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For an artist couple, a Brooklyn home offers a rich canvas

Curbed logo Curbed 5/13/2019 Samantha Weiss Hills
a living room filled with furniture and vase of flowers on a table

Lisa Hunt and Kyle Goen reconcile their differing tastes with texture and color

The Prospect-Lefferts Gardens home of artists Lisa Hunt and Kyle Goen is a study in personal history, art practice, and comfort. It’s also a study in aesthetic compromise—though you wouldn’t guess it upon first look.

The story goes like this: Hunt had been living in the apartment for three years when she met Goen in 2011. At the time, Goen lived in Fort Greene, and made the move to Lefferts Gardens—not an easy decision, says Hunt.

The neighborhood—bordered by Empire Boulevard on the north, Clarkson Avenue on the south, Nostrand Avenue on the east, and Flatbush Avenue on the west—is small as ones in Brooklyn go, and offers leafy respite from the bustling thoroughfares that demarcate its outer edges.

a yellow flower in front of a building
The apartment is located in Brooklyn’s Prospect-Lefferts Gardens neighborhood, where white-stone rowhouses are typical.

Located on the top floor of a two-story stone townhouse typical of the area, the couple’s light-filled two-bedroom apartment runs the full length of the building. Among its charms are the original prewar floors and wall moldings and the magnolia tree that blooms right outside the couple’s living room. There’s also a washer-dryer in the unit, which Hunt astutely points out is a real rarity in New York City.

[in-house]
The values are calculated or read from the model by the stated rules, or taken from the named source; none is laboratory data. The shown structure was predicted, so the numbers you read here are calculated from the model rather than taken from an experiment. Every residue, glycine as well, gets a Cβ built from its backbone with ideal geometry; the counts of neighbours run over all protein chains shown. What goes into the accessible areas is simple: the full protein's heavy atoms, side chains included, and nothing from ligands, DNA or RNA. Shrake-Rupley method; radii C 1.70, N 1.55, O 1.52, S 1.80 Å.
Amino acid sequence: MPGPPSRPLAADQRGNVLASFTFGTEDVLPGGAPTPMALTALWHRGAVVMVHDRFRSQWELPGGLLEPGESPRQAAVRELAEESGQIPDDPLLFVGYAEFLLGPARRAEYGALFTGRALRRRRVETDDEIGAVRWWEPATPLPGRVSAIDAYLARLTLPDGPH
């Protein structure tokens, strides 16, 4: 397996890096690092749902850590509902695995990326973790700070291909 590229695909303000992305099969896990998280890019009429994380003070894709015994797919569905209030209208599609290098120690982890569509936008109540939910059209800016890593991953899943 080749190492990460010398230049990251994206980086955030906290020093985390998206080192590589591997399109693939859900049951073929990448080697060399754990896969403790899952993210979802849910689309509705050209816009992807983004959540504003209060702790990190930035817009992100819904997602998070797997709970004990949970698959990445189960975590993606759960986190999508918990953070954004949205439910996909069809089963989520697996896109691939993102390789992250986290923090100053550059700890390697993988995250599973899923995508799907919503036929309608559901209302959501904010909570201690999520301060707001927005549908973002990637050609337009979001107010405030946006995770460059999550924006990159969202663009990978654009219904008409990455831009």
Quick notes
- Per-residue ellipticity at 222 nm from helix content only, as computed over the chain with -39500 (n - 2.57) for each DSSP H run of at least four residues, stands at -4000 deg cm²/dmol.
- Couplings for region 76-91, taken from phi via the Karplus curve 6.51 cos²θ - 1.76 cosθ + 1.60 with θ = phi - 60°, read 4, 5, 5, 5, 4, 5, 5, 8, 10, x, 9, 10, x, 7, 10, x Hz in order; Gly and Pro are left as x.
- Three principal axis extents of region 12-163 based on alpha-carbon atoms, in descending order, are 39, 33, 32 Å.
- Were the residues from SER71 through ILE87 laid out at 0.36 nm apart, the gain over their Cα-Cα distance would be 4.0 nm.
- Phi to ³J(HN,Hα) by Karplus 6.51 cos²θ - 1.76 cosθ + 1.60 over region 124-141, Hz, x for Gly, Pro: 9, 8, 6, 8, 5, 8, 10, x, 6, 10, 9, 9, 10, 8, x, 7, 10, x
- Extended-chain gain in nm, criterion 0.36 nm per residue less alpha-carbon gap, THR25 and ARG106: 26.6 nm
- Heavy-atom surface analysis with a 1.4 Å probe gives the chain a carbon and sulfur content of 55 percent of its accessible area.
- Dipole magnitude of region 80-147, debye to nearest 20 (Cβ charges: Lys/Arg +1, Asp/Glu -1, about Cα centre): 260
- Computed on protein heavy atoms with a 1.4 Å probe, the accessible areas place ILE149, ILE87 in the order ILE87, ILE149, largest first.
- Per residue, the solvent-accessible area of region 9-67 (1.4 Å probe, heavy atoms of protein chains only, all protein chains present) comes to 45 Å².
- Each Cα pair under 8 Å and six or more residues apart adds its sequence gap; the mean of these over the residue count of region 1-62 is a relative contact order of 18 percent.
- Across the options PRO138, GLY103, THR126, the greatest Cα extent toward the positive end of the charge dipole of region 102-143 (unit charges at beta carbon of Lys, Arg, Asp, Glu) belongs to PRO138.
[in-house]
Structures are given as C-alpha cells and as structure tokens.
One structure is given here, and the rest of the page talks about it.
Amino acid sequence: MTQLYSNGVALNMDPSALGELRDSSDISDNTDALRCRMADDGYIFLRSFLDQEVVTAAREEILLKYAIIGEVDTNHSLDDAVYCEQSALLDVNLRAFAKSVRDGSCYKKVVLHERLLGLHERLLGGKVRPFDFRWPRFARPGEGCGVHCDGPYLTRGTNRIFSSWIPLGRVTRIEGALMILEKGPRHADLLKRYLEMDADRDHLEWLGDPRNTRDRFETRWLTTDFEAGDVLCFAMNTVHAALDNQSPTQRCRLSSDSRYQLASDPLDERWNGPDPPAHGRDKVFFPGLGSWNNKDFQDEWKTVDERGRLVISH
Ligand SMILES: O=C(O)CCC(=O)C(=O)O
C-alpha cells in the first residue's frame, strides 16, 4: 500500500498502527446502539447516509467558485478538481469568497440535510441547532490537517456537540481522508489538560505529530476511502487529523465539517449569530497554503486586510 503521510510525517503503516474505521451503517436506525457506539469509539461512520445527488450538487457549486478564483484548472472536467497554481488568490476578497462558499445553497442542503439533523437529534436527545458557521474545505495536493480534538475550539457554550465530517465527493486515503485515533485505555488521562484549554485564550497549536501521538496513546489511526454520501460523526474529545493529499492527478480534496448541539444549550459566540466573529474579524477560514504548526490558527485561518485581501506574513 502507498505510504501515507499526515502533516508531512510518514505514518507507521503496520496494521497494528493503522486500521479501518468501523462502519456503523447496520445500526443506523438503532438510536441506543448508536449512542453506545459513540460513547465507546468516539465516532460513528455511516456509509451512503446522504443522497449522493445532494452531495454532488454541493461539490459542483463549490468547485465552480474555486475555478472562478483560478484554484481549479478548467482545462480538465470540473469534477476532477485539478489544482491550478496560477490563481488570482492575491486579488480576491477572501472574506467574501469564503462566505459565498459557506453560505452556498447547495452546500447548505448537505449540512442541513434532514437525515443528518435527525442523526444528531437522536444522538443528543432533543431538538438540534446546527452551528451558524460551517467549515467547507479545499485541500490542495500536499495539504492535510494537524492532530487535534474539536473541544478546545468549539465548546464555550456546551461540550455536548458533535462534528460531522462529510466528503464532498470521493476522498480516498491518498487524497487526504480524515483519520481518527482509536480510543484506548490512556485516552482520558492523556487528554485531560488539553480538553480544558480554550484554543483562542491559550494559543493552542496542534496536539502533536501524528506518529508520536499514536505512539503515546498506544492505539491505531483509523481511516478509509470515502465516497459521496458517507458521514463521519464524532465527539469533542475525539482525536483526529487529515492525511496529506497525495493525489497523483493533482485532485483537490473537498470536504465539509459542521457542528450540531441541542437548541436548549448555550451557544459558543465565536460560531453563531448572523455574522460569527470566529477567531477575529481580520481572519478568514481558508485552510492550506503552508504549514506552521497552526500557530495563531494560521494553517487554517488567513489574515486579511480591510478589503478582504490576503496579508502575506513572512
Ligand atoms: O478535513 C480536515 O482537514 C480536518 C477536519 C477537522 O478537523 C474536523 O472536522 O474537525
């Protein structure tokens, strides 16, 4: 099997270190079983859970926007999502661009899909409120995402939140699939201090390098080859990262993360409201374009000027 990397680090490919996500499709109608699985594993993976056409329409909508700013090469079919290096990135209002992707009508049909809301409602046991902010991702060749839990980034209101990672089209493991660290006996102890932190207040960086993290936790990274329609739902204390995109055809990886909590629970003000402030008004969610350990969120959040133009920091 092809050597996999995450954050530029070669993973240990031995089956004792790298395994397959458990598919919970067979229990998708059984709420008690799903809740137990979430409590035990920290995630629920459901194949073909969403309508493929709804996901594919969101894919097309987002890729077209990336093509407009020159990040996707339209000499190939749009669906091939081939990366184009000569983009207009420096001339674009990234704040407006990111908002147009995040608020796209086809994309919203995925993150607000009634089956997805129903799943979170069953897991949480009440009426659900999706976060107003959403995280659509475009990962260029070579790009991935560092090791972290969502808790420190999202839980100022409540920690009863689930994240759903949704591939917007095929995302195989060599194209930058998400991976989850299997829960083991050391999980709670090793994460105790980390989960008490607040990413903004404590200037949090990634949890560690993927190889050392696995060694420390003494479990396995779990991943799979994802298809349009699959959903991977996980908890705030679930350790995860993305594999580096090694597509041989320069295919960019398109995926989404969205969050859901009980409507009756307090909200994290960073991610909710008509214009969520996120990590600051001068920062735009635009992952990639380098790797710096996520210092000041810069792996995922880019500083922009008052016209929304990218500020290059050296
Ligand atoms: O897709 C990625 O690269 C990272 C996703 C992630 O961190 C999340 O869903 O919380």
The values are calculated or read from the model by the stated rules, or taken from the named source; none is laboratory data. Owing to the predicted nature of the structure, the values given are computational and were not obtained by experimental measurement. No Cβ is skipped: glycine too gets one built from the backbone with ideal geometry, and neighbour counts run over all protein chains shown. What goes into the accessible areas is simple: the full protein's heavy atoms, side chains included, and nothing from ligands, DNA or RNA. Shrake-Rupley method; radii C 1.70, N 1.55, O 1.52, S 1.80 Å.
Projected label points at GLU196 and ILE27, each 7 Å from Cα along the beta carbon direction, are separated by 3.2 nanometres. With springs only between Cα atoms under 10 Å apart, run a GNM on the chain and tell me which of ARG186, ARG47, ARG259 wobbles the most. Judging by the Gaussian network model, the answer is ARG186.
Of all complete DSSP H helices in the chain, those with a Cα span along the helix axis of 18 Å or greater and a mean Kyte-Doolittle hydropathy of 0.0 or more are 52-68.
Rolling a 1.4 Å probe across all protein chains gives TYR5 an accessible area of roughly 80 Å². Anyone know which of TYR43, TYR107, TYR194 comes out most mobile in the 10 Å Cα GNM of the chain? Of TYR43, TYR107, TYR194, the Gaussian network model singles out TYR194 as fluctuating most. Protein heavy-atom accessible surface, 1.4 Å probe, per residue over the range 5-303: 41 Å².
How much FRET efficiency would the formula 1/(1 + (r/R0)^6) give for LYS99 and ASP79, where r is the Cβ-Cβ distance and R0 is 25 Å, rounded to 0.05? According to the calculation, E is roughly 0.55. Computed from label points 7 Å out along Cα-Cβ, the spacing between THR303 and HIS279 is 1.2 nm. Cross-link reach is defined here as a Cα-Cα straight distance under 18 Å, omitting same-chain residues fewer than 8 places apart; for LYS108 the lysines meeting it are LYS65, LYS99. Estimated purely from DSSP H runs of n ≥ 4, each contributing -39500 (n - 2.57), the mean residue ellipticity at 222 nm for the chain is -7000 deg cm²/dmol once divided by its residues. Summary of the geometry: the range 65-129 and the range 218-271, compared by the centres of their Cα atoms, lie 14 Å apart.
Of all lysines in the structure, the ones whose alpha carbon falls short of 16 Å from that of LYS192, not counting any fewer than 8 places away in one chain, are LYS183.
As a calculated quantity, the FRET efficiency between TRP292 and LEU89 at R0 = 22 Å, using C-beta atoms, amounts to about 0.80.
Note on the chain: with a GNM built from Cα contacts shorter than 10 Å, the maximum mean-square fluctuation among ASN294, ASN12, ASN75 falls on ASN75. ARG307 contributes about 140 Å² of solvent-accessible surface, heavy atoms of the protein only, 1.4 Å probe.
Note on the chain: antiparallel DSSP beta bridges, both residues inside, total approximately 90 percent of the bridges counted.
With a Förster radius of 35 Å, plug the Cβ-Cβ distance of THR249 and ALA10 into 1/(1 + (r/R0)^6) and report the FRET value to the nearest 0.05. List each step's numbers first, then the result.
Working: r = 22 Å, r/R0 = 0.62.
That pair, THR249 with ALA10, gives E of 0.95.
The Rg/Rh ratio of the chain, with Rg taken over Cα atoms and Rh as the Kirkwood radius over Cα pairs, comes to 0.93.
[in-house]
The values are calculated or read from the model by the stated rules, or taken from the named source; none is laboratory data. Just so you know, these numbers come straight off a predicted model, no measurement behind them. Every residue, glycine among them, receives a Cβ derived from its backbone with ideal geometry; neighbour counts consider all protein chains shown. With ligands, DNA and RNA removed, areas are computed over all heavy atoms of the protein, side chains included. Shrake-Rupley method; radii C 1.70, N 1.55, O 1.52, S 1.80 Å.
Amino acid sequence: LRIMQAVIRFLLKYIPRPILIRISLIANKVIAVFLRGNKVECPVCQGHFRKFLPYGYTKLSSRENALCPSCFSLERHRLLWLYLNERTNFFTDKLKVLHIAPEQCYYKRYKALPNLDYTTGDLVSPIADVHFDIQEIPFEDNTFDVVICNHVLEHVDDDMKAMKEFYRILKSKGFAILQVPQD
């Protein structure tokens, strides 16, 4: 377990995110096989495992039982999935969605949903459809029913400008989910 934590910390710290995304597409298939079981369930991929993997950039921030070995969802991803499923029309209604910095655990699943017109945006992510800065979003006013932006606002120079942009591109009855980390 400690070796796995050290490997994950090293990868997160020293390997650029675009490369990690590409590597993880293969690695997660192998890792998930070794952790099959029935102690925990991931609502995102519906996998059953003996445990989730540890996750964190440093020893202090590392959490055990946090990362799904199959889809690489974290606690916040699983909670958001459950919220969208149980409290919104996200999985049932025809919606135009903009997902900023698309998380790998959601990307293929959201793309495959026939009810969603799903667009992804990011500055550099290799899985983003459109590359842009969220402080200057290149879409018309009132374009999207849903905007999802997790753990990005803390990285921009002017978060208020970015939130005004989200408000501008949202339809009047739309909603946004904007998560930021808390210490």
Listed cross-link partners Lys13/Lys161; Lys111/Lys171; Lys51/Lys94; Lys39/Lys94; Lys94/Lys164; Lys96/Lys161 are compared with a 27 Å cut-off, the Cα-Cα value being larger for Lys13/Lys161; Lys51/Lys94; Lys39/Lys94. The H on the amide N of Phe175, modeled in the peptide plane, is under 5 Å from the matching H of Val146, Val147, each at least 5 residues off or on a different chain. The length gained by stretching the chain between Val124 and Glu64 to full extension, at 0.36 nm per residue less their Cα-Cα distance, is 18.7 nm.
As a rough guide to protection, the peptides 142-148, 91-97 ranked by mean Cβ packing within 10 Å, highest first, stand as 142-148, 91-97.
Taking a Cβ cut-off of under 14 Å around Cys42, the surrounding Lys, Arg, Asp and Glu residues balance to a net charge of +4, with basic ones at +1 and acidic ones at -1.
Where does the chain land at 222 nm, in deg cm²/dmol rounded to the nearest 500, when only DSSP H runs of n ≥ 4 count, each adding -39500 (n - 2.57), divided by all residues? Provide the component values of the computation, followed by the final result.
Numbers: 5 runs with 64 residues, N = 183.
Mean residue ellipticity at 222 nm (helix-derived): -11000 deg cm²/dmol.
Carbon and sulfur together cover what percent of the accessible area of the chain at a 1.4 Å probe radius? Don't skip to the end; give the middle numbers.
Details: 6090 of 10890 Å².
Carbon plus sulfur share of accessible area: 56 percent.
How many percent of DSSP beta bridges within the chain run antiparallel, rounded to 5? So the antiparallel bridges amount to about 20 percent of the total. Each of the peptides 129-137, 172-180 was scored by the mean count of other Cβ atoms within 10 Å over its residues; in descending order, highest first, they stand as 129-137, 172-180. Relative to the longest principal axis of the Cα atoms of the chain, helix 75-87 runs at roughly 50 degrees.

At first, fusing their styles took some work. “Kyle is an artist and I’m an artist, so we [both] definitely have a creative sensibility,” Hunt says. “Kyle likes less clutter and a very clean, modern aesthetic. I like living with my books and things that I’ve collected from my mother or my grandmother.” However, the couple found common ground in objects with sentimental value.

a living room with a book shelf
In the dining room, house books and assorted objects from the couple’s life. A screen print by Goen (Assata, 2008) hangs at center. Of the lamp, Hunt says that “a neighbor was throwing it out! We put it on a dolly and rolled it two blocks to our apartment.” The dining table is from a flea market, and the chairs are from One Kings Lane.
a couple of people posing for the camera
Goen and Hunt at home in their Prospect-Lefferts Gardens apartment.

Goen “has his record collection and turntable,” says Hunt. “He used to DJ, and punk rock in particular was a huge influence in his life and in his work.” Hunt, meanwhile, acquired a sizable collection of family photographs from both her late mother and her grandmother. “I have a lot of my grandmother’s jewelry,” she adds. “He appreciates those things being on display. It’s our history; it’s who we are. I think that’s really important, more than a particular couch or coffee table.”

Hunt says that the drapes in their living room are a good example of their blended aesthetic: A bold black-and-white graphic (which aligns with Goen’s interests in minimalism) in a repeated pattern (a motif Hunt is drawn to in her own work). Colorful pillows, flat-weave rugs, rows of books, and the couple’s beloved plush sofa each bring in elements of color and texture throughout the home, too.

Additionally, the couple’s work, as well as that of other artists, is present throughout the home.